FAQ: Frequently Asked Questions

1. Are your photos 300 DPI?

Digital images do not have a DPI. Simply put, DPI stands for "dots per inch" and digital images have only dots, i.e. pixels. A digital image file doesn't have "inches" until it is made physical - displayed on a monitor or printed on paper. At that point, the DPI is determined by the screen resolution or the DPI setting chosen for the printer.

The only time digital images can (sort of) be said to have a DPI is when they were created by scanning a print or slide, which was common practice before digital cameras became widespread. In this case, the DPI is the quality setting the scanner used to create the digital image from the print. When licensing an image that was scanned, it is indeed important to be sure the DPI setting used by the scanner was high enough, so that the photo will look good when printed again. Therefore publishers got in the habit of requesting "300dpi images".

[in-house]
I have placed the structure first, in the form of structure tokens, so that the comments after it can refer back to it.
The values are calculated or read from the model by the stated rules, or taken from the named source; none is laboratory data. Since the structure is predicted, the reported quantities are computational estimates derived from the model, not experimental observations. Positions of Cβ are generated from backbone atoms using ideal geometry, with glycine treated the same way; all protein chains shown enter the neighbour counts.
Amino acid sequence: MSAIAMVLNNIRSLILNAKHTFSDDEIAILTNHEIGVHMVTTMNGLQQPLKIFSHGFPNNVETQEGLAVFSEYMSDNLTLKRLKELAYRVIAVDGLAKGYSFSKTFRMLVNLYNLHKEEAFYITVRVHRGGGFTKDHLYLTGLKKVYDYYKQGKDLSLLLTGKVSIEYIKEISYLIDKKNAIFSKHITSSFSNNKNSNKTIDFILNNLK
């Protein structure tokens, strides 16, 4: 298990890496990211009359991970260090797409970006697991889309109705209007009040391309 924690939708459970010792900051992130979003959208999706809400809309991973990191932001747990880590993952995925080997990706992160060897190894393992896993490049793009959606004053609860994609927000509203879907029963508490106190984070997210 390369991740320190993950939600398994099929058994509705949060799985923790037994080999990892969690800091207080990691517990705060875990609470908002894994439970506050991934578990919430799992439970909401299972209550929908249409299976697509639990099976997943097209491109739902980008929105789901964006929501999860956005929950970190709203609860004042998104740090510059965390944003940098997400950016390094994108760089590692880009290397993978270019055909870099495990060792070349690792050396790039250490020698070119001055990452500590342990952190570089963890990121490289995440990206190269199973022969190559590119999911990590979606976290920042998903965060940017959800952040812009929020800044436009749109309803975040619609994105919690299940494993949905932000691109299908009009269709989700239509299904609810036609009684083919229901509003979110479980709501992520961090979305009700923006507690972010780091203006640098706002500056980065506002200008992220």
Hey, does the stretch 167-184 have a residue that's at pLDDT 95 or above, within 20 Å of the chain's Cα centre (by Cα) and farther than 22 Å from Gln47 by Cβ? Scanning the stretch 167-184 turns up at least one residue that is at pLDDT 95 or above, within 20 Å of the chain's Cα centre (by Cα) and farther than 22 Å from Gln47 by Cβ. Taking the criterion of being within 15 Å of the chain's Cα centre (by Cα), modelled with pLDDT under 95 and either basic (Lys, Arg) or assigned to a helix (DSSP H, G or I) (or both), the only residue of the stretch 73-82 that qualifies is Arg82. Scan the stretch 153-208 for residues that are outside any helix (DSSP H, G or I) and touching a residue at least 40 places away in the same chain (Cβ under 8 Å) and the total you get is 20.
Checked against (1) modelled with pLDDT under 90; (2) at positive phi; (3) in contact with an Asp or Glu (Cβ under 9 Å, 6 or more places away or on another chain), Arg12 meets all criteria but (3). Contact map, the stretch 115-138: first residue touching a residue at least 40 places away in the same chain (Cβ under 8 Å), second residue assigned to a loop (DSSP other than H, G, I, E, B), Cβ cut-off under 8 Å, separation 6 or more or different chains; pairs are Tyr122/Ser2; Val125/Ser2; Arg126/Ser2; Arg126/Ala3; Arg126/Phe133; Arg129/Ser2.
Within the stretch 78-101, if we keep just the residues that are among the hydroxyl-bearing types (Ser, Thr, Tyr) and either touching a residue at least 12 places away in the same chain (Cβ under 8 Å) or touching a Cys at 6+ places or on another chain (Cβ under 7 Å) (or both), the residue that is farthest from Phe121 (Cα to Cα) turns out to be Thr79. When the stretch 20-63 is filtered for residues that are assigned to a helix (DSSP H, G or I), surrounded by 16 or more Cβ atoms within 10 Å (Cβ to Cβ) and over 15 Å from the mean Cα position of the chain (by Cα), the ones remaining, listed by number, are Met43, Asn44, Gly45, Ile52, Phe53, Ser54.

Unfortunately, confusion on this issue is further perpetuated by many digital cameras, which embed a default DPI in the photo's metadata for "convenience" - to help estimate the size the photo will be when displayed. Often this DPI is rather low, such as 72dpi (typical for screen display), and this can understandably alarm publishers who aren't aware of the above. Please be assured that this metadata tag is nothing more than a tag and does not affect the quality of the photo. Photographers could change that tag in Photoshop to read "300dpi", but it would not change the image itself one bit, so it doesn't make sense do so.

For more information about DPI and digital images, please see the following resources:

3. How much do your photos cost?

Technically, you don't buy our photos, but rather licenses to copy them. Our licenses are all Rights-Managed, so the price primarily depends on how you want to use the photo. We also offer resolution options so you don't pay for more pixels than you need. And a few photos may cost more or less than others due to uniqueness or quality. Prices are displayed on photo pages.

4. Any other questions?

Please contact us.

Text by Holly Hayes. Originally published in 2014; last updated December 2023.